Skeptical Raptor's Blog hunting pseudoscience in the internet jungle

Creationism legislation–Tennessee Monkey Bill (Update 4)

If you’re looking for a cure for your cancer, don’t look to evolution-deniers for hope. As for me, I give thanks to Darwin and the researchers who have stood on his shoulders.–Leslie Brunetta

A quick update on Tennessee’s “Monkey Bill”, which is a Republican-led anti-evolution and global warming denying bill.  The bill, HB 368, was  sent to Governor Bill Haslam this week for consideration.  Gov. Haslam has until April 9 2012 to either sign it, allow it to become law without his signature or veto it.  The bill encourages teachers to present the “scientific strengths and scientific weaknesses” in topics such as “biological evolution, the chemical origins of life (known as abiogenesis), global warming and human cloning.”  The scientific weaknesses are nearly nonexistent, except in the mind of the science denialists that inhabit the Republican Party, particularly in the South.

Governor Haslam has received a number of letters and comments urging him to veto the bill, but the one most pertinent was from a someone about whom I’ve written previously.  Leslie Brunetta, a breast cancer survivor and accomplished evolutionary biology writer (Spider Silk: Evolution and 400 Million Years of Spinning, Waiting, Snagging, and Mating), wrote in The Tennessean:

The theory of evolution started researchers down this promising path. When Charles Darwin published On the Origin of Species in 1859, there was as yet no way to explain two of the three legs upon which his theory stood. Those three legs are inborn variation among members of a species; that environmental pressures allow only some of those members to leave surviving offspring; and the passing of the favored members’ traits to the next generation. How was variation generated? And how were traits passed to offspring? The theory predicted the discovery of material answers.

That material would later be known as genes, stretches of DNA. But in 1859, biologists knew little about reproduction. Darwin attempted to answer these questions with a misguided hypothesis he called pangenesis. Other evolutionary theorists, notably August Weismann, put forward alternative hypotheses.

In line with the scientific method, each hypothesis was more than an opinion: It was testable. As researchers tested these hypotheses over decades, evidence accumulated showing first that the material of inheritance was contained in the cell nucleus, then that it was located on the chromosomes, then that it was composed of DNA. In 1953, James Watson and Francis Crick published their DNA model, which explained in physical terms how variation is generated and how offspring inherit traits from parents.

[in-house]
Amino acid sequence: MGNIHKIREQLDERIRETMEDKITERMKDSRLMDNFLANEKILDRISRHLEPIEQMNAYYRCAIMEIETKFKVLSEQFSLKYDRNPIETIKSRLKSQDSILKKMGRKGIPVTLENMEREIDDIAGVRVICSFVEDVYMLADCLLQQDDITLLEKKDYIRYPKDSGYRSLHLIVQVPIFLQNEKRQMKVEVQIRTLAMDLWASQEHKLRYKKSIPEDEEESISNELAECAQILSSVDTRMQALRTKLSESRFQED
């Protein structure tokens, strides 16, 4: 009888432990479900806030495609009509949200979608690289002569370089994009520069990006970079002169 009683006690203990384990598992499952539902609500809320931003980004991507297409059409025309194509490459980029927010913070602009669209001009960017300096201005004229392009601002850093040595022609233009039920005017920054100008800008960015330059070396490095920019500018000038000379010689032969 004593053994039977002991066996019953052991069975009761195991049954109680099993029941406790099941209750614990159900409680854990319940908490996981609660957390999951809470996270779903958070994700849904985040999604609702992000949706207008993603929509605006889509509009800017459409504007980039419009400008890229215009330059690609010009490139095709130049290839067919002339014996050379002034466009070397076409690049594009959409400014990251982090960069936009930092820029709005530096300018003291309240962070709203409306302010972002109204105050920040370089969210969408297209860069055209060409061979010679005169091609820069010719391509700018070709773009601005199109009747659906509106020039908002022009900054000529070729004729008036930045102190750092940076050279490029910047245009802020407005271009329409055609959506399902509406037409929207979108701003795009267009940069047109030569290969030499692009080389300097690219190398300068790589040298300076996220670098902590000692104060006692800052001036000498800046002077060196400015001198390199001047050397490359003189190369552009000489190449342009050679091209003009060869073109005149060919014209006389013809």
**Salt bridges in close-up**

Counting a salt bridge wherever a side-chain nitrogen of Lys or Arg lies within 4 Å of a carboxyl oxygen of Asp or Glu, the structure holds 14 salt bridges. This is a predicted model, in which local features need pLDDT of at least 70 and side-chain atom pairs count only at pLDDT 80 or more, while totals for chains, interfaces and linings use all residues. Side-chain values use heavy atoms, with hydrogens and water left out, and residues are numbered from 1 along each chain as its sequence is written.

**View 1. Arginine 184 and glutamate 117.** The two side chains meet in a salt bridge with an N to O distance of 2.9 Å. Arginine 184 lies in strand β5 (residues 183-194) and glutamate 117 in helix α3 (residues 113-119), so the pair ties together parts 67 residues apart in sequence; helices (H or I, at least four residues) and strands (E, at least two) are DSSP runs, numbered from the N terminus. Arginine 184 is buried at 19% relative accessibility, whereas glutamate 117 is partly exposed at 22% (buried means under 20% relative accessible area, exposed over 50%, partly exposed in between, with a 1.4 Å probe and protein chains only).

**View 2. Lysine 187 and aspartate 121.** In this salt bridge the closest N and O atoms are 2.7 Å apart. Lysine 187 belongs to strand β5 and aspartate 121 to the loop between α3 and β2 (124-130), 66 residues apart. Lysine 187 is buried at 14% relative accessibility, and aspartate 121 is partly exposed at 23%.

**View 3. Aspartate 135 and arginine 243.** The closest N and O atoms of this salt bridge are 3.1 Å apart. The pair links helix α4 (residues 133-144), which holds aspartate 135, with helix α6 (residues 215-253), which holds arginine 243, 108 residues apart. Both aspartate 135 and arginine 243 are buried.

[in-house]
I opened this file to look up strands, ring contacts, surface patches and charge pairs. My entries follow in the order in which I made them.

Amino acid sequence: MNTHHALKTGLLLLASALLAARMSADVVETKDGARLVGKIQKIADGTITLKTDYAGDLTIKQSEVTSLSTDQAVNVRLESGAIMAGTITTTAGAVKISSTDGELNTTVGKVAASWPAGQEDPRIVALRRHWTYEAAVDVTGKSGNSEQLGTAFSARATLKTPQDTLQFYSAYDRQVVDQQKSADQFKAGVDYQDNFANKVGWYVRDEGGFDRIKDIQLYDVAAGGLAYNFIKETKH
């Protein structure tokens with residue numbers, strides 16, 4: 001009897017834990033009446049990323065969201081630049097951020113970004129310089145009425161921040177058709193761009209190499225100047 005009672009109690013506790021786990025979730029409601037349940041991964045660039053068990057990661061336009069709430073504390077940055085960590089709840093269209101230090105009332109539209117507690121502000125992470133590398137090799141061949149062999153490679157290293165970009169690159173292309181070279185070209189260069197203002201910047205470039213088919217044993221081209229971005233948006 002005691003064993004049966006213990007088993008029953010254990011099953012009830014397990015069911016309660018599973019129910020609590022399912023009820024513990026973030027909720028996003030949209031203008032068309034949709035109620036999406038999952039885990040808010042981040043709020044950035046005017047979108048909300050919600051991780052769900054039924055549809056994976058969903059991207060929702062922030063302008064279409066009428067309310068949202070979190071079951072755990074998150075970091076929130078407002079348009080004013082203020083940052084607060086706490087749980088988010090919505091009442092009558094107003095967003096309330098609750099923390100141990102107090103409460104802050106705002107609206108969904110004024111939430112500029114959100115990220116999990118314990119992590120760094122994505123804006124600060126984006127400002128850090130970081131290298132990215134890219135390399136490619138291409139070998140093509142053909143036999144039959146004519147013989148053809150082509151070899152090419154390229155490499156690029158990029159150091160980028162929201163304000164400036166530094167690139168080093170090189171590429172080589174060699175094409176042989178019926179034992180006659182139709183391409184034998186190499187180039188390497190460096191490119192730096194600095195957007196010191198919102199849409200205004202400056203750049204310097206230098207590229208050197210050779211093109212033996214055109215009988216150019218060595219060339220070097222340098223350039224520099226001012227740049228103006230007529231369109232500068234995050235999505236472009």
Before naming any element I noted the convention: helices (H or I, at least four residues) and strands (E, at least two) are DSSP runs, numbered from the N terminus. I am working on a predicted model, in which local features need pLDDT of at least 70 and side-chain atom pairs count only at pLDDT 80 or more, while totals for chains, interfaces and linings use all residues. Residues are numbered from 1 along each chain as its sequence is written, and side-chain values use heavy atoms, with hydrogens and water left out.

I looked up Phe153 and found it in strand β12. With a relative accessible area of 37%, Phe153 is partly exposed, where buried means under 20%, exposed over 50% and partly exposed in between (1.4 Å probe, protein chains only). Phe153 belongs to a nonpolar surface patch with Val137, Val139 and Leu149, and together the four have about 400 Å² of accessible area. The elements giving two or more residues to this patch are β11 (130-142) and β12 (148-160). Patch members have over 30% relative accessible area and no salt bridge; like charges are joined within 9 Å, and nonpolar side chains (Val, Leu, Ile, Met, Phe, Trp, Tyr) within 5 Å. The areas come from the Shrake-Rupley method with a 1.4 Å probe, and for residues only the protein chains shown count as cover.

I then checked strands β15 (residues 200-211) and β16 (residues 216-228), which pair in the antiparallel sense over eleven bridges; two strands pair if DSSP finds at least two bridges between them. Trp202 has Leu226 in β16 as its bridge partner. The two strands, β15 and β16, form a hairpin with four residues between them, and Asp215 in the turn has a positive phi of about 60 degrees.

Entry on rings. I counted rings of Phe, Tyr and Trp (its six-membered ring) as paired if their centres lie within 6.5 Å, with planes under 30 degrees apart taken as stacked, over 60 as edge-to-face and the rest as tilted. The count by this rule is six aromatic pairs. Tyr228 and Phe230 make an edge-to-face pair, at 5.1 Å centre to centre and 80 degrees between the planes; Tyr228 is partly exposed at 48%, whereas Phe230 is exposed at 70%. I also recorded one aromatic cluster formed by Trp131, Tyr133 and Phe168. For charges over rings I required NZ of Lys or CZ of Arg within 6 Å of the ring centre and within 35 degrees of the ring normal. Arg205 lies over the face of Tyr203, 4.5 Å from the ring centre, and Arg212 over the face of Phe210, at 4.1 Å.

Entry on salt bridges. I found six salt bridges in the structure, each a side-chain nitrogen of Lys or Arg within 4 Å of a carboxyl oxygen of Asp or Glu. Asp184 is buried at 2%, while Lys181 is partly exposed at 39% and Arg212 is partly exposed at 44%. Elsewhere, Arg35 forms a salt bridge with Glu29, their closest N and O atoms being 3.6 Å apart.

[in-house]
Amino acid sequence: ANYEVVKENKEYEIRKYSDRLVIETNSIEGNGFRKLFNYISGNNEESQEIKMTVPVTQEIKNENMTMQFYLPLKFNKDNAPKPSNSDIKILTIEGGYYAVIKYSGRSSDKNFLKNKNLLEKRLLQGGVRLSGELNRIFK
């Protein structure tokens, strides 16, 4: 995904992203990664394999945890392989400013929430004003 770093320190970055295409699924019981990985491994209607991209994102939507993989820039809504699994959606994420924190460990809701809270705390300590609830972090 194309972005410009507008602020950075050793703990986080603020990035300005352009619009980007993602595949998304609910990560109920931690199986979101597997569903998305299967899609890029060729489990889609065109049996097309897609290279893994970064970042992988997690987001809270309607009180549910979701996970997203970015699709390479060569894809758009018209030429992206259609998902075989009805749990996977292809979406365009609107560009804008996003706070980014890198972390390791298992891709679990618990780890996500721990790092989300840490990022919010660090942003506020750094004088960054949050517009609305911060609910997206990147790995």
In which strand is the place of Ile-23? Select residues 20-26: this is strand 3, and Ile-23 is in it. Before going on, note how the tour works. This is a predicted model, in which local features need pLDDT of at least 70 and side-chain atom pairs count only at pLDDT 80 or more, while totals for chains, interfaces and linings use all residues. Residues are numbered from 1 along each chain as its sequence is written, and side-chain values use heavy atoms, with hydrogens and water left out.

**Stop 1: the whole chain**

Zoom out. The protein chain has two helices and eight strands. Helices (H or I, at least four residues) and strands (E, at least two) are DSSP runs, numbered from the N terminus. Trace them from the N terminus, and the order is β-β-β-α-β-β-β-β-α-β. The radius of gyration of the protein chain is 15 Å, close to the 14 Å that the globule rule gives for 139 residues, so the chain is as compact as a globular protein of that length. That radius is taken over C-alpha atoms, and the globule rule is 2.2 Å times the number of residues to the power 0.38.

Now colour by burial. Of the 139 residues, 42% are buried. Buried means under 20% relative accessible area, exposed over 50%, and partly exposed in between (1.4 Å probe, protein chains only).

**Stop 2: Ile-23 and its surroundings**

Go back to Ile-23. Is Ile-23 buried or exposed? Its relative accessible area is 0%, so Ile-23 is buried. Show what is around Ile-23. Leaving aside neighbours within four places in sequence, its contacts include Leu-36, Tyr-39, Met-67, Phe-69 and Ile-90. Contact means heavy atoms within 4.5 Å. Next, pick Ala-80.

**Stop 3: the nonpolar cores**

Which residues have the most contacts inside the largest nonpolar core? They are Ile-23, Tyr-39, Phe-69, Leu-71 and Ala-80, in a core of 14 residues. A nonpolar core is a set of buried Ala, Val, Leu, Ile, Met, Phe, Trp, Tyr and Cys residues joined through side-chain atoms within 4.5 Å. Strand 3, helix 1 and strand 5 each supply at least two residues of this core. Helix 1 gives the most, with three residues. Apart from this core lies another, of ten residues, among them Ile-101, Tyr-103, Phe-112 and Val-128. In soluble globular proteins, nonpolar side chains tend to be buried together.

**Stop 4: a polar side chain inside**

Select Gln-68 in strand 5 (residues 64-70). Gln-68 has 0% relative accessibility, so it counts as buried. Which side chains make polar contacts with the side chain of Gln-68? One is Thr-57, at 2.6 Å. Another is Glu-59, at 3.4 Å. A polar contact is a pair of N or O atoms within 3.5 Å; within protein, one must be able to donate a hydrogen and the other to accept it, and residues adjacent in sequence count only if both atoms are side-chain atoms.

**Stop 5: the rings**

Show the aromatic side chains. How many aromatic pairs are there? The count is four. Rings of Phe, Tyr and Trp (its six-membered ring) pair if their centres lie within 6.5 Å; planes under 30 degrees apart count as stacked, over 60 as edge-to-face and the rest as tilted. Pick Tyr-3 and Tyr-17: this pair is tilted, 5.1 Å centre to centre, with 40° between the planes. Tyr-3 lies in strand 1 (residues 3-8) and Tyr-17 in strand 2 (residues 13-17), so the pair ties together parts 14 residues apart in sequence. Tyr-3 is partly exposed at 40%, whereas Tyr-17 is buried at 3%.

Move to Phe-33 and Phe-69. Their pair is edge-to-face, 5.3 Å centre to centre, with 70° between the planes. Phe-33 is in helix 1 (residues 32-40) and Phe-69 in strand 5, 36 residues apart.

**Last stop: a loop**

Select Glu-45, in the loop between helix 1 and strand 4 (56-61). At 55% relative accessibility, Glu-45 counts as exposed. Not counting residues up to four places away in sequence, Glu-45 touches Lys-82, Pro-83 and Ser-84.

The hunt for cancer-causing genes is thus just a later phase of the hunt that began with the theory of evolution. Meanwhile, creationists, “intelligent design” advocates, and other challengers of evolution theory propose no research program. A recent national survey of public school biology teachers indicated that, cowed by the political climate, fewer than a third explicitly endorse the theory of evolution in class. High school students are our future researchers. They are also our future voters and politicians.

She concludes with a pointed and accurate political commentary:

If you’re looking for a cure for your cancer, don’t look to evolution-deniers for hope. As for me, I give thanks to Darwin and the researchers who have stood on his shoulders.

If you think these antievolution fools are just annoying, think again.  Real science, whether its evolution, or just understanding the scientific method, is the basis of critical knowledge that helps mankind.  If we are ever to cure “cancer”, it’s going to take a lot of smart people who don’t pick and choose their scientific beliefs.  It will be on the shoulders of students who are well-versed in all aspects of science, who understand how evolution is the basis of biology and the basis of medicine.

From just a pragmatic point of view, real science makes money.  Does Tennessee understand that if all of their students are ignorant fools in science, they can’t contribute to the growth of scientific and medical knowledge?  Do they not understand that a well-educated populace means more to technology companies than just about everything else?  A pharmaceutical or biotech company wants to know that they have a local, well-educated (in science) population.  Of course, if you have those people, it means more individuals employed in high-paying jobs, paying more taxes.  And then, you have the company itself employing contractors and local companies to help it expand, making more money.  It’s simple economics, something missing from Republicans.  

Governor Haslam do the smart thing for Tennessee.  Reject this bill and let your students learn how to think critically.  Reject this bill and block Tennessee from being the laughingstock of the scientific world.  Reject this bill and make an economic case for your state.  

via Continued opposition to Tennessee’s “monkey bill” | NCSE.

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